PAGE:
Local event rider Holly Jacks-Smither is hopeful she will be selected to compete for Canada in this summer’s Pan American Games.
“I would be thrilled to be selected to ride for our country,” she said.
Jacks-Smither, 29, and her horse, More Inspiration, are eligible for the PanAm Games and she hopes they are one of four rider-horse pairings selected in June by Equine Canada’s high performance committee to represent the national eventing team at the Toronto games (equine events will be held in Caledon and Mono).
“When you’re growing up you dream about it and you definitely want to live that dream,” Jacks-Smither told the Advertiser.
She explained the selection process is already ongoing and riders and horses will be evaluated right up until the first week of June.
But regardless of the outcome, she has her sights set on even bigger goals.
“I’d love to go to the PanAms but I’m really trying not to make that my sole focus,” said Jacks-Smither, who is taking aim at the 2016 Summer Olympics in Rio de Janeiro, Brazil.
In eventing, riders use the same horse to compete in three different events over the span of two or three days: dressage, cross country and show jumping. At the Pan Am level, there is a much stronger emphasis on the dressage portion of eventing, Jacks-Smither explained.
“Being a full thoroughbred, that has been our weakest phase,” she said, adding that at the Olympic level, there is greater opportunity for More Inspiration to do what he does best: jump.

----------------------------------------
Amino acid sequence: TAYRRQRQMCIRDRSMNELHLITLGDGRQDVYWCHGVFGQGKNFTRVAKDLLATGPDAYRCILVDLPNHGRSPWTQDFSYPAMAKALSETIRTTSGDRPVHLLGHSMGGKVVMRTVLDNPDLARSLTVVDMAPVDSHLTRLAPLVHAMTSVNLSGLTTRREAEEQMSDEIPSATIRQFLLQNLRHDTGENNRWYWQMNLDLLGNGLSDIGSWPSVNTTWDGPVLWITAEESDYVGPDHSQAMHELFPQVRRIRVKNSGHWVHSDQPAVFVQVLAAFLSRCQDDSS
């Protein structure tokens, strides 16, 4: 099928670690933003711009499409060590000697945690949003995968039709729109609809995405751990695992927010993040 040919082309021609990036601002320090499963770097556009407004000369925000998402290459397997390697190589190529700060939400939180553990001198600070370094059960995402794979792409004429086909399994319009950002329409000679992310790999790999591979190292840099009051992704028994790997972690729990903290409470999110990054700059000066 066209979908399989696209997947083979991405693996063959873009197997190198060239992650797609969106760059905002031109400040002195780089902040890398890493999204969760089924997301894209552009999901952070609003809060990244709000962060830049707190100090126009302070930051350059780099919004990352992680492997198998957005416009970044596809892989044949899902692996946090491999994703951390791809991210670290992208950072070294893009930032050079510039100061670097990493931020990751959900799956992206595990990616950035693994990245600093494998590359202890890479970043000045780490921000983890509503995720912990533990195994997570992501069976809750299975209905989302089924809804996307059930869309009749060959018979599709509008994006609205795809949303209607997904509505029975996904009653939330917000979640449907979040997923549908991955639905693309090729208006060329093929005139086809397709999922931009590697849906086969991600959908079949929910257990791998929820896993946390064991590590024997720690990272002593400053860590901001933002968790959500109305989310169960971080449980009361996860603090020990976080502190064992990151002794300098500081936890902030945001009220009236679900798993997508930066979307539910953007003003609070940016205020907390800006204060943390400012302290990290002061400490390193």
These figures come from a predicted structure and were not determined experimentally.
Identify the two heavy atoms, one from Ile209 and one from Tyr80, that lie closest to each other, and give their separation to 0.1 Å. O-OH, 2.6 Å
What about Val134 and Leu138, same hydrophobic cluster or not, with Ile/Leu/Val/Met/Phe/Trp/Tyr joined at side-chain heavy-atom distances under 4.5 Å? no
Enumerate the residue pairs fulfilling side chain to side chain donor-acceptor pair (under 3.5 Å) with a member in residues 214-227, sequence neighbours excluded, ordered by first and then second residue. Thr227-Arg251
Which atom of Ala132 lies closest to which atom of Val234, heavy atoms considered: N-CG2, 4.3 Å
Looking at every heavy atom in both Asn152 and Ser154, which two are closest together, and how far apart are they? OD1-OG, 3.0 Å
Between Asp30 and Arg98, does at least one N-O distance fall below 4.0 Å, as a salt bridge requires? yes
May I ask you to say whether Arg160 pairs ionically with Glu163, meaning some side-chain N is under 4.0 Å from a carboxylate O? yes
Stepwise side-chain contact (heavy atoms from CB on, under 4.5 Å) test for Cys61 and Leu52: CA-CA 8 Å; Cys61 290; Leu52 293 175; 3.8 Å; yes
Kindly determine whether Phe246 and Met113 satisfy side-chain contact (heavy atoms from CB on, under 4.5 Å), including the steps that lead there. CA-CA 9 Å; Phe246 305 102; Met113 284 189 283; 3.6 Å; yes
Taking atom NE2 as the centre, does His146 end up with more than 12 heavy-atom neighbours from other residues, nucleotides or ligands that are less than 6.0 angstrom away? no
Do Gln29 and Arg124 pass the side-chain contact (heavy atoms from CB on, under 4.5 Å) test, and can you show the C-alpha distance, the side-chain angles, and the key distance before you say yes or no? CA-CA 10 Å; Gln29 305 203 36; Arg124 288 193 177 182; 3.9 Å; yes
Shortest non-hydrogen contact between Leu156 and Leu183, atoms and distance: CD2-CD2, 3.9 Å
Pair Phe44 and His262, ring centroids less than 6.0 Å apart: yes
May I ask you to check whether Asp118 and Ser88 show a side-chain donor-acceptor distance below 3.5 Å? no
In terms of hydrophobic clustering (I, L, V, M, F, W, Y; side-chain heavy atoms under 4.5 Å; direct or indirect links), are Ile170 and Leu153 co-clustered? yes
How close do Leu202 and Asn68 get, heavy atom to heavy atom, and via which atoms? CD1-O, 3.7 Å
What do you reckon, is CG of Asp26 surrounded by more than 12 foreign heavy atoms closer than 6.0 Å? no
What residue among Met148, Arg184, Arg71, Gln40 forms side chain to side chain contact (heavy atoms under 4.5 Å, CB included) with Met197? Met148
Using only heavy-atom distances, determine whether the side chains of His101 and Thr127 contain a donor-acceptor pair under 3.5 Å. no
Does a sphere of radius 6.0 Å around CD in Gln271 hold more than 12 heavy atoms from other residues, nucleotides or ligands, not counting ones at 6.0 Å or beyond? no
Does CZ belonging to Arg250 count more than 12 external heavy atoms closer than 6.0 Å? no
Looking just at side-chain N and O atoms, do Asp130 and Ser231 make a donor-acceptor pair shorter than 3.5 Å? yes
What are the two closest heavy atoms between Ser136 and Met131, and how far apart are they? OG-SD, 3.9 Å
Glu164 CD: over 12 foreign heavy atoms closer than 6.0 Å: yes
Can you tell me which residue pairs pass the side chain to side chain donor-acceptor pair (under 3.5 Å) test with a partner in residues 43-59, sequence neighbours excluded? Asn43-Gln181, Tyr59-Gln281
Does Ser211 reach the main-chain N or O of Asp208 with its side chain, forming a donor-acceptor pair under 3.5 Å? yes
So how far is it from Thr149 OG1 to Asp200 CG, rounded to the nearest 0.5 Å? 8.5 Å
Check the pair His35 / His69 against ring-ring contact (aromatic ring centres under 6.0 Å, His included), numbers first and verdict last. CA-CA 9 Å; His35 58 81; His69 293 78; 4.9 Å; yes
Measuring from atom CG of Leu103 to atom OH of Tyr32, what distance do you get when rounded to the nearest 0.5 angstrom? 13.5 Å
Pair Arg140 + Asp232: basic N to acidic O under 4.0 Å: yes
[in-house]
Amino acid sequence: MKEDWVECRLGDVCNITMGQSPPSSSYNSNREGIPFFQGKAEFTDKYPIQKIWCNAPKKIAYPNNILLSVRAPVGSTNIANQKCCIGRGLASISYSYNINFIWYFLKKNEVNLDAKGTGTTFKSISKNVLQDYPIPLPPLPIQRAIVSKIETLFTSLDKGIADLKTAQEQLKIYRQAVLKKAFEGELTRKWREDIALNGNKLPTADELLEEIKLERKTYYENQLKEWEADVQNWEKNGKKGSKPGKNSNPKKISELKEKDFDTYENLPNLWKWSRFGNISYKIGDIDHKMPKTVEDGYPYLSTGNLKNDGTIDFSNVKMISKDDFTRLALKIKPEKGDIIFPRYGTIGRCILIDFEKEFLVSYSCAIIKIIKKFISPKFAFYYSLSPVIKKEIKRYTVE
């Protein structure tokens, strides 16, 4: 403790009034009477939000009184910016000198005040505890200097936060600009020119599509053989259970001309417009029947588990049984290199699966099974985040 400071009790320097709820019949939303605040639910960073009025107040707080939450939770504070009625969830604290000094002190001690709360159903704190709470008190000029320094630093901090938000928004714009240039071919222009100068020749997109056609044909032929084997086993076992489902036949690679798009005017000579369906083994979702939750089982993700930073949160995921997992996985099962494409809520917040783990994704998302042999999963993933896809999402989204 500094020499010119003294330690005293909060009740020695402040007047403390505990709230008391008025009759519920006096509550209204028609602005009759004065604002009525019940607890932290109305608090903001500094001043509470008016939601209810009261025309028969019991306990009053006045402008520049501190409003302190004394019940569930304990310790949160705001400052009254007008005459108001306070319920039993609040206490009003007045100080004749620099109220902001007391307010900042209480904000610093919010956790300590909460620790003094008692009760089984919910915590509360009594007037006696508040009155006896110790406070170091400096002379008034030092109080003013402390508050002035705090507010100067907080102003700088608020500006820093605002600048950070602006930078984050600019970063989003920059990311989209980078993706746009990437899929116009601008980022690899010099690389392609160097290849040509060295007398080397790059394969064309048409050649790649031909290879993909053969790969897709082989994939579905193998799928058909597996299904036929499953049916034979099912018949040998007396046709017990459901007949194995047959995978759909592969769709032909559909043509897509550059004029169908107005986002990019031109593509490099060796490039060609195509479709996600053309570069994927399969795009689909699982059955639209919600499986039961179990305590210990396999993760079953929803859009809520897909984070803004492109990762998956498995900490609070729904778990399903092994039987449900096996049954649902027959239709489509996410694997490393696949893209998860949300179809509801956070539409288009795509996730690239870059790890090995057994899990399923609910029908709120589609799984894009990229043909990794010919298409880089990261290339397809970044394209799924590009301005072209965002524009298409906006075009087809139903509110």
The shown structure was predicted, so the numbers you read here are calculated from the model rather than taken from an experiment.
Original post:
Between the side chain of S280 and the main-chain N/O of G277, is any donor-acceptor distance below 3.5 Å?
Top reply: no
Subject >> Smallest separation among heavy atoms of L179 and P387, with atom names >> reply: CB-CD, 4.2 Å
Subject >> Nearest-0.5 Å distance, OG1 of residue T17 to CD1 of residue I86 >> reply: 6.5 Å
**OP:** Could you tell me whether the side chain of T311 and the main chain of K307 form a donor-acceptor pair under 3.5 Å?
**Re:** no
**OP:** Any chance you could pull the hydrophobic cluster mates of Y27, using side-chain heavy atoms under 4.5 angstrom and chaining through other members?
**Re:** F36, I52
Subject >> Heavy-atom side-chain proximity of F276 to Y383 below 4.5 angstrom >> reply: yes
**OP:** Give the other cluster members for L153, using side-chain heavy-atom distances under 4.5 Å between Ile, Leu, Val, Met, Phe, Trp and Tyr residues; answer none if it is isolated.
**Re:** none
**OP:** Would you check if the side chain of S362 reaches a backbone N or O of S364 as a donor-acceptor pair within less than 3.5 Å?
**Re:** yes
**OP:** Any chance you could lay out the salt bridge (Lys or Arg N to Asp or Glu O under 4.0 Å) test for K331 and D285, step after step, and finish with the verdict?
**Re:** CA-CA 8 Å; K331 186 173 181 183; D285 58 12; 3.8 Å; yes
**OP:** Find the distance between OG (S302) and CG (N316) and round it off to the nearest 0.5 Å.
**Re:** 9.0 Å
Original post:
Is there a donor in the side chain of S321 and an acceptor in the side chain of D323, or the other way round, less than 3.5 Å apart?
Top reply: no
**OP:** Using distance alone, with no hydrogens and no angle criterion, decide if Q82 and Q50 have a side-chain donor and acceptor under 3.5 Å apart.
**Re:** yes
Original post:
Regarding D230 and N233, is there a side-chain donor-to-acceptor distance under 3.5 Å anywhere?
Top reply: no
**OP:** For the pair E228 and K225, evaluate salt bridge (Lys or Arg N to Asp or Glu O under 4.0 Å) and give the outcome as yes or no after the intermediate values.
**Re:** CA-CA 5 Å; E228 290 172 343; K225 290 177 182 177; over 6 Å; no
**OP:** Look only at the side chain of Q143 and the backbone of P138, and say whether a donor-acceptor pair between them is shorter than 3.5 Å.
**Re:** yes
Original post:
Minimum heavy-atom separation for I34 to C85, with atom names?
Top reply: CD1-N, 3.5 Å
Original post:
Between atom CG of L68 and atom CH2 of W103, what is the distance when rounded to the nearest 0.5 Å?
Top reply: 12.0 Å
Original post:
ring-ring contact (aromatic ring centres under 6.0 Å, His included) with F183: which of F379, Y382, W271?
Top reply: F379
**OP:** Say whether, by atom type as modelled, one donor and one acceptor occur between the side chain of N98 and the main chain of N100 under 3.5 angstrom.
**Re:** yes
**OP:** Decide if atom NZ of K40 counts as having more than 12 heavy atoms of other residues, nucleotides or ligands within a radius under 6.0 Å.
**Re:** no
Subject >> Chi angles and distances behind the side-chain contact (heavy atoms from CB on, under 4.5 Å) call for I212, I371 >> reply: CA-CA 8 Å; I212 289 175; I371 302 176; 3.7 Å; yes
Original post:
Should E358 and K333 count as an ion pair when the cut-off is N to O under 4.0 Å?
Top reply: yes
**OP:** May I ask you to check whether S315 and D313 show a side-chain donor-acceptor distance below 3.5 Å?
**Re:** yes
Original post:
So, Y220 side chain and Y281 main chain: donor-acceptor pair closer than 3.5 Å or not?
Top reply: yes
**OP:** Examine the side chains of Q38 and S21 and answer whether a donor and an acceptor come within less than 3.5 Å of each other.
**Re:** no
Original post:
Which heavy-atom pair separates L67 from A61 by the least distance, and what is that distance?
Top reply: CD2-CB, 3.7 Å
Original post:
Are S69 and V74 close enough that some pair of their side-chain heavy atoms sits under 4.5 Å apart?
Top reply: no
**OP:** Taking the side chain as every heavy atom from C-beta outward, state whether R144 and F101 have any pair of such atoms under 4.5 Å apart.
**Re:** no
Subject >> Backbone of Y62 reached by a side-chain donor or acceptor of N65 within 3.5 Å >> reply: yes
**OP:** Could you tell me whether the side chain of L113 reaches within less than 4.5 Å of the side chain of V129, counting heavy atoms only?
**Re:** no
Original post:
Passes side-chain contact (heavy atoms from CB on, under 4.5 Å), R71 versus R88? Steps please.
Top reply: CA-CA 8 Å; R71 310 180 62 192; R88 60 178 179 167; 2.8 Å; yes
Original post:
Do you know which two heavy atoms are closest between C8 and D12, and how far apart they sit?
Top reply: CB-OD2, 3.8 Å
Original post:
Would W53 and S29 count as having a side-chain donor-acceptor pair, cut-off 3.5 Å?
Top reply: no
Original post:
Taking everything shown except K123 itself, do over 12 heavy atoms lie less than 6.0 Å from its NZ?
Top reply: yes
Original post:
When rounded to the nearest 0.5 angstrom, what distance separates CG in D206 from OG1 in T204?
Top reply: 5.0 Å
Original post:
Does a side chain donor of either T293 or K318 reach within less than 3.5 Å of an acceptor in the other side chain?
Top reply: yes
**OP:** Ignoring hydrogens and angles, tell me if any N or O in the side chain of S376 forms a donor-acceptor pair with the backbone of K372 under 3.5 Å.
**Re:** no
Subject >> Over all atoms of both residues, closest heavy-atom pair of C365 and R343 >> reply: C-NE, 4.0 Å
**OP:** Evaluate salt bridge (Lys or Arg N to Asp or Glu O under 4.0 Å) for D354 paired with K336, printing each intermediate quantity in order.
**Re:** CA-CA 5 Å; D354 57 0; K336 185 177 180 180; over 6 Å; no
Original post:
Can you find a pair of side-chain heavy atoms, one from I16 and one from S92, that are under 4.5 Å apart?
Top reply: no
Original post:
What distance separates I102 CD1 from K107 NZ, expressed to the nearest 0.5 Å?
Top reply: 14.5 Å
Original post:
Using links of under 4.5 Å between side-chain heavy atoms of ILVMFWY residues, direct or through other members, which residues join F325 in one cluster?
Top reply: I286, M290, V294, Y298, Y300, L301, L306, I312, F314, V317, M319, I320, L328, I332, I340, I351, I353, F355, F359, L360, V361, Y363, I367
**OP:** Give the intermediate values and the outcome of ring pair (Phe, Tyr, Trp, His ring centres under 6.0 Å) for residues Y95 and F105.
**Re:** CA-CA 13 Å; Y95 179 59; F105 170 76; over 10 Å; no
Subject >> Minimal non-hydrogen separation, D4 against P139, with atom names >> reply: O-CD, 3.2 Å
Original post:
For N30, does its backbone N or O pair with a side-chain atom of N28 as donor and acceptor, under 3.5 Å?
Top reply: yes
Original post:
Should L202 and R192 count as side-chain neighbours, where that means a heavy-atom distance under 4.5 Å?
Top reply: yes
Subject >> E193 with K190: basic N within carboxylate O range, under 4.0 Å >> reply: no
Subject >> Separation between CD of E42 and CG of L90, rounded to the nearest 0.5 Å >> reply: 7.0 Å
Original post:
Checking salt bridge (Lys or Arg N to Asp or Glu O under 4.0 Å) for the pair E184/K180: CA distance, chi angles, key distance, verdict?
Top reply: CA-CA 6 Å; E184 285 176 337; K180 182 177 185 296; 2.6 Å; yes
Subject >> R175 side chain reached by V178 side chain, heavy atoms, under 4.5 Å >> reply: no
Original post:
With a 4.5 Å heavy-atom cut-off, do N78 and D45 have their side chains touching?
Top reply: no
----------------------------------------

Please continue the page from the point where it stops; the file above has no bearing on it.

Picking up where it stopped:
“The jumping phases in Rio are much tougher than the Pan Ams, and I think a horse like More Inspiration, who is a full thoroughbred, will be able to handle the heat and the length of the cross-country phase.”
Jacks-Smither, who is originally from British Columbia, has operated an equestrian training facility near Hillsburgh with her husband Bruce Smither for the last three years.
That she is even thinking about participating in the PanAm and Olympic Games, may come as a surprise to some when they find out eventing is not even More Inspiration’s first career discipline.
Jacks-Smither purchased the thoroughbred gelding – now nine years old and one of the youngest horses competing at high-level eventing – five years ago for $2,000 after a successful racing career at both Woodbine and Fort Erie racetracks.
“I couldn’t be happier with More Inspiration,” Jacks-Smither said, adding she has worked hard with trainers in both Canada and the U.S. to develop the horse.
“He’s matured a lot, and is proving himself in ways I had never dreamed of,” she said.
For more information and updates on Jacks-Smither’s results visit www.hollyjacksequestrian.com.
(Cover photo by Shannon Brinkman).